It was great feeling young, looking through the many pictures of chaplain assistants through the past years that Larry Toelstede and Tom Prost brought to share with everyone! Those present represented over 40 years of religious support to the US Army!

The food was great and the stories and memories were enlightening! Everyone sang songs, led by Frank Gugudan and Jean McCalvey, playing their ukuleles! It was a day that I wished would not have ended. However, it was a day that I will not forget! I cannot wait until the next reunion that will be held in San Antonio, TX in October 2016!!! Again, many thanks to Tom and Mary Prost for hosting such a GREAT event in your beautiful home!!!

Steve Wilson
Honorary Chaplain Corps Regimental Sergeant Major


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1.  JoAnn Toelstede; 2.  Vicki Steppy; 3.  Dave & Vicki Steppy’s Granddaughter CJ; 4.  Steve Croft; 5.  Dave Zimmer; 6.  Susan Dahl; 7.  Gary Dahl; 8.  Bonnie Crawford; 9.  De Wilson; 10.  Mike Kutcher; 11. Becky Roger; 12. Lloyd *Becky’s finance; 13.  Bill Daniels; 14.  Helga Daniels; 15.  Ken McCalvey; 16.  Frank Gugudan; 17.  Larry Toelstede; 18.  Nancy Bowren; 19.  Ron Bowren; 20.  Dave Steppy; 21.  Lucky Simpson; 22.  Fran Simpson; 23.  Belinda Rectenwald; 24.  Charles Rectenwald; 25.  Annetta Redman; 26.  Tom Prost; 27.  Tomas Garcia; 28.  Mary Prost; 29.  Jim Schonefeld; 30.  Dot Schonefeld; 31.  Jim Nesmith; 32. Ken Todd (wife Geneva was there, but somehow missed the photo); 33.  Vicki Nesmith; 34.  Steve Wilson; Also, Abdul-Ali Shakur came after the photo (our 1st Muslim CA); Also,  Jean McCalbey was taking the picture.



11-27-2014 6-01-23 PM


            Anyone who enjoys attending the biennial reunions of the Chaplaincy Family will enjoy being a part of a local chapter of USACCRA.  Local chapter meetings are smaller groups who live within a reasonable distance of each other who get together informally occasionally to pursue the same commitment as the entire USACCRA:

To life-long fellowship with our Chaplaincy Colleagues;
To a continuing ministry to Soldiers and their Families; and

To promoting the legacy of the past and the ministry of the present Chaplaincy

Those in each local chapter decide where they will meet, how often they meet, and when they meet.  Different locations offer differing opportunities for ministry to soldiers and their families, since some of the chapters are a long way from an army installation.  On the other hand, there are always stories of heroes with special needs that local chapters can adopt.  But it is up to each chapter to make that decision.  Stories of shared experiences seem to come up, even when those discussing them were never assigned at the same place at the same time.  There is a quick affiliation with new people because of our common commitment to ministry in the army.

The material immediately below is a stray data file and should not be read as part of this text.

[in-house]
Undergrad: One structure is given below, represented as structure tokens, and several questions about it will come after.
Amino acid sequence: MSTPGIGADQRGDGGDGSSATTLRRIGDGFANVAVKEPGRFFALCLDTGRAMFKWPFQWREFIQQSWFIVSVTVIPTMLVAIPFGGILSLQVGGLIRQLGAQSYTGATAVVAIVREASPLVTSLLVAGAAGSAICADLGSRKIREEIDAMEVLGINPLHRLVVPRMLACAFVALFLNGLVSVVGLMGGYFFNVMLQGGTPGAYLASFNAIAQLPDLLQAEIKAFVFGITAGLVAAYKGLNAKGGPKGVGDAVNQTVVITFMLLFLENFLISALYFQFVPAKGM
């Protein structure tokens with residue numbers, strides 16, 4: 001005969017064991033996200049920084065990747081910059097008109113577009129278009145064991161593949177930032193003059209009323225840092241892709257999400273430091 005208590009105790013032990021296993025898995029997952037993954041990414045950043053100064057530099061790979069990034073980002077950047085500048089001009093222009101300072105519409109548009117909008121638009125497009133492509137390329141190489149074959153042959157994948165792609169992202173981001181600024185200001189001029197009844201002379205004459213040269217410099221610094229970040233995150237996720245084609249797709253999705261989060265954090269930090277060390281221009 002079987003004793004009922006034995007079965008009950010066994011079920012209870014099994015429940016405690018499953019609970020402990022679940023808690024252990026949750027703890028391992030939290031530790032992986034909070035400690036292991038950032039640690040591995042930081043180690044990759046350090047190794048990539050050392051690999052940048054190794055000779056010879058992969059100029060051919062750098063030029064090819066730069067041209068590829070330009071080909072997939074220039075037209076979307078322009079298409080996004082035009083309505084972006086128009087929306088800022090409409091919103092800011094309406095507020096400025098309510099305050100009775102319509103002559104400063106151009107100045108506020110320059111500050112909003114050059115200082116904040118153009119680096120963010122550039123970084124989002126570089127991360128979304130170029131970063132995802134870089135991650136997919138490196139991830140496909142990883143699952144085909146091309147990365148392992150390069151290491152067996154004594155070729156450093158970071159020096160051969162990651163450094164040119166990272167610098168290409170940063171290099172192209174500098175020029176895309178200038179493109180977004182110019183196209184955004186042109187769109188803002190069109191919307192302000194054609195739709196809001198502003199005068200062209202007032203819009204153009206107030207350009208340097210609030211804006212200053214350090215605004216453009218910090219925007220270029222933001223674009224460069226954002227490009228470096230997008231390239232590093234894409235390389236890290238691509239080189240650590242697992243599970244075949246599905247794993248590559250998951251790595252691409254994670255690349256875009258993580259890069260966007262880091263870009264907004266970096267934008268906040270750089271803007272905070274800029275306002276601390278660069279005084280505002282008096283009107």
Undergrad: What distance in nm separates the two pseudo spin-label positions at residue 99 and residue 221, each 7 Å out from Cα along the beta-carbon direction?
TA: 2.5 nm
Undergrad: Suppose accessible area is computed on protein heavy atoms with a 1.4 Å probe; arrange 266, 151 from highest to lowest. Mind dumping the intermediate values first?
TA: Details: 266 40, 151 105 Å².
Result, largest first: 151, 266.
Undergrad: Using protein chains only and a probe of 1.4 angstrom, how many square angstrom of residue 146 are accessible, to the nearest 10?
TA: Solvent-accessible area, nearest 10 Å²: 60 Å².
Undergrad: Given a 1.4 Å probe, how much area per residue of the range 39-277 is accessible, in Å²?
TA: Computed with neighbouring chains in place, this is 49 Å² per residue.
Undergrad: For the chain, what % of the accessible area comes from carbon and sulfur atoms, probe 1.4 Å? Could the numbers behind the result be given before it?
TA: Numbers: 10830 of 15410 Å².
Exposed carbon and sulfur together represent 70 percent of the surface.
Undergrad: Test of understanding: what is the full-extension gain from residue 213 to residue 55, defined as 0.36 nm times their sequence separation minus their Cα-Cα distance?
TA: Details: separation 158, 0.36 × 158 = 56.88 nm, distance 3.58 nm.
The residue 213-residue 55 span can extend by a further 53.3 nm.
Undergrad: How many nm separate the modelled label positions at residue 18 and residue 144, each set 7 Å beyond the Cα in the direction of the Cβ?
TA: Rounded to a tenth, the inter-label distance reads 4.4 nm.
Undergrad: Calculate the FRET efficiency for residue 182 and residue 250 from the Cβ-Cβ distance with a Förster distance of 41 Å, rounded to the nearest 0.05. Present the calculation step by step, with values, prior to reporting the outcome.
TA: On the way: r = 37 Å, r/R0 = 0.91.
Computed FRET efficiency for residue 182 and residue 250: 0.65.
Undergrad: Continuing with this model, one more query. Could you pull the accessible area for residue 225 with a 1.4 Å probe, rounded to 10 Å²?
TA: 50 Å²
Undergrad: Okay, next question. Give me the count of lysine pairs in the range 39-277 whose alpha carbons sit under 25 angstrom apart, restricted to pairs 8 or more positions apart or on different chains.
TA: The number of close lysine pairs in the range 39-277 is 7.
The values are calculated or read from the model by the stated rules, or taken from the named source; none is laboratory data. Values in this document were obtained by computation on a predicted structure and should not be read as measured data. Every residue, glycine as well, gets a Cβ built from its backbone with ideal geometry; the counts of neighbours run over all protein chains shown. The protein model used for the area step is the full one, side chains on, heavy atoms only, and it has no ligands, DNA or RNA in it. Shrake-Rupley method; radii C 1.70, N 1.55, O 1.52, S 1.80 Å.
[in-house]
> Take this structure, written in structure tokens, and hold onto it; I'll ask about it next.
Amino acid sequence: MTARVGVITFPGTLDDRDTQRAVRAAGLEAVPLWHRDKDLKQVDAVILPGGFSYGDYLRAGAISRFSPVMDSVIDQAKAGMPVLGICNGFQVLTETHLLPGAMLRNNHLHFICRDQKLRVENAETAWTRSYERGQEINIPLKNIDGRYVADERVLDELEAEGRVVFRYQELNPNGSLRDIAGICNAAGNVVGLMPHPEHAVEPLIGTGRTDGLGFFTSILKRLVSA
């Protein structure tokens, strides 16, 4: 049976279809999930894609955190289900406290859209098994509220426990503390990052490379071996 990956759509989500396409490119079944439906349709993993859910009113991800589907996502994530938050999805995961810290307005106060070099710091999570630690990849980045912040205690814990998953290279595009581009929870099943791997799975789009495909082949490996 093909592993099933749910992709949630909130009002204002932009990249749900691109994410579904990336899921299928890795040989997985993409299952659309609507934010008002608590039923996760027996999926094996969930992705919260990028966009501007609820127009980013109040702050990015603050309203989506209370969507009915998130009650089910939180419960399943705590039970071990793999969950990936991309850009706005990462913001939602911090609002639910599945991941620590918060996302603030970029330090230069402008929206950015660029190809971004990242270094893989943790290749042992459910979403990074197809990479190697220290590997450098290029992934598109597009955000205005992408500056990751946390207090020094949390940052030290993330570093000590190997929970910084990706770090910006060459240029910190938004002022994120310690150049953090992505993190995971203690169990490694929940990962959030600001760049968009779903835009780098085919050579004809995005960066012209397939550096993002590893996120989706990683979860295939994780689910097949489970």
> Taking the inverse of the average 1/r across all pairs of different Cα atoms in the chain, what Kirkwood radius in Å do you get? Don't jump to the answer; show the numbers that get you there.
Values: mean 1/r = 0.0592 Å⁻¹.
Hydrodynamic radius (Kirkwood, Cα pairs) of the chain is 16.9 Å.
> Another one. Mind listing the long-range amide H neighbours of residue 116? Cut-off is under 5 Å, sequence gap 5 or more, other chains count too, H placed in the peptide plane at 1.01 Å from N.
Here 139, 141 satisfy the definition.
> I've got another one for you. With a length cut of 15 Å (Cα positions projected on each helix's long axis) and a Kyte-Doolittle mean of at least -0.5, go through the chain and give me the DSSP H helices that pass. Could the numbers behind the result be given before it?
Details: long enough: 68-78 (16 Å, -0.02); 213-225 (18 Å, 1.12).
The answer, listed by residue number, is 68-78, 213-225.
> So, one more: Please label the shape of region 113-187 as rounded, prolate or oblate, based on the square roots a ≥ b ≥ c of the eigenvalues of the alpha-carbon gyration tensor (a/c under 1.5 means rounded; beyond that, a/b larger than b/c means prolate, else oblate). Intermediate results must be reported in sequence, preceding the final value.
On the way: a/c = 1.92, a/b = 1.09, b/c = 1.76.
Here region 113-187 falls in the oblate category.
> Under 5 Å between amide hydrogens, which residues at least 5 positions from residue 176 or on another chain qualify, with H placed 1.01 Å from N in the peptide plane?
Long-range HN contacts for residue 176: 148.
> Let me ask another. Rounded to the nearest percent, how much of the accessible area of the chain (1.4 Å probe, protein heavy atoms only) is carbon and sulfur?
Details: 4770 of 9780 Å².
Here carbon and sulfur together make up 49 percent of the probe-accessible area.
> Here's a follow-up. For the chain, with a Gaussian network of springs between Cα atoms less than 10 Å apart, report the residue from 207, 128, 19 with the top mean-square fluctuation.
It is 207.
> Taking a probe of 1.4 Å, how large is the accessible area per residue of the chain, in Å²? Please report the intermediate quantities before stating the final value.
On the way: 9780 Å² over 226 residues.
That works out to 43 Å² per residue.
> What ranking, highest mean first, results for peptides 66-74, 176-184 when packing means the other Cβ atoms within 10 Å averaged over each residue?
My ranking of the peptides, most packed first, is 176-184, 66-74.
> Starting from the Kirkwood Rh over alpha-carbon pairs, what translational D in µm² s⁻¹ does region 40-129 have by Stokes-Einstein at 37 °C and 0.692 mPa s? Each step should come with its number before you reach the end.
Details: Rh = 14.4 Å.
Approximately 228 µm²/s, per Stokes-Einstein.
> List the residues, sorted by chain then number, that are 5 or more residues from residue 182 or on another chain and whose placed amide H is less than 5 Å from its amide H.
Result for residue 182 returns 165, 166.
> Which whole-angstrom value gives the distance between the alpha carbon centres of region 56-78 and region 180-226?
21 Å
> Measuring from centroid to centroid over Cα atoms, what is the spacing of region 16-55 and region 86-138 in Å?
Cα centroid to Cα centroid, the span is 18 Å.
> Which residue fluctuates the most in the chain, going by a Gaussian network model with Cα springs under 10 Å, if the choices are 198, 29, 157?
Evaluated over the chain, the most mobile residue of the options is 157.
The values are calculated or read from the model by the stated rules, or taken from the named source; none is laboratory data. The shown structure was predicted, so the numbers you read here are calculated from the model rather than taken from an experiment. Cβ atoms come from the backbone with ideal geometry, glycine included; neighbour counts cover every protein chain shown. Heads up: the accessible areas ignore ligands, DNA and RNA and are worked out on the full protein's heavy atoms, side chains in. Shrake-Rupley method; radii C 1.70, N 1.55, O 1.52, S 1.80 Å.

We currently have active local chapters in the areas of Anniston, Alabama, Washington, D.C., Minneapolis, San Antonio, and two chapters in the Atlanta area.  Two of our colleagues are attempting to create a chapter in southern California, and there has been discussion of one at Columbia, SC/Fort Jackson.  Anyone in any of these areas interested in learning more about these chapters can contact me for further information.

Chaplains, chaplain assistants, Directors of Religious Education, and family members of each of these groups are leaders!  Leadership is a major part of what made us successful in the army.  Let me encourage some of you to step up where you live and start a new local chapter.  You will find that it is one of the easiest things you have ever done.

All you have to do to start a chapter is to contact me, and I will send you some names we have on our list of those who live in your vicinity.  Your task is to contact them, agree on a place and time to meet, and voila!  You will have started a local chapter.  The group that meets the first time is likely to know others in the area who aren’t on our list.  You contact them and grow from there.  Again, the group decides how often and where to meet.  You set your own goals.  And if you have no fund raising programs, there is no need for a treasurer, since all the meals are Dutch treats.  Start out keeping it simple.  If you become larger and most confident, there will be time to make yourselves more complex—but not at first.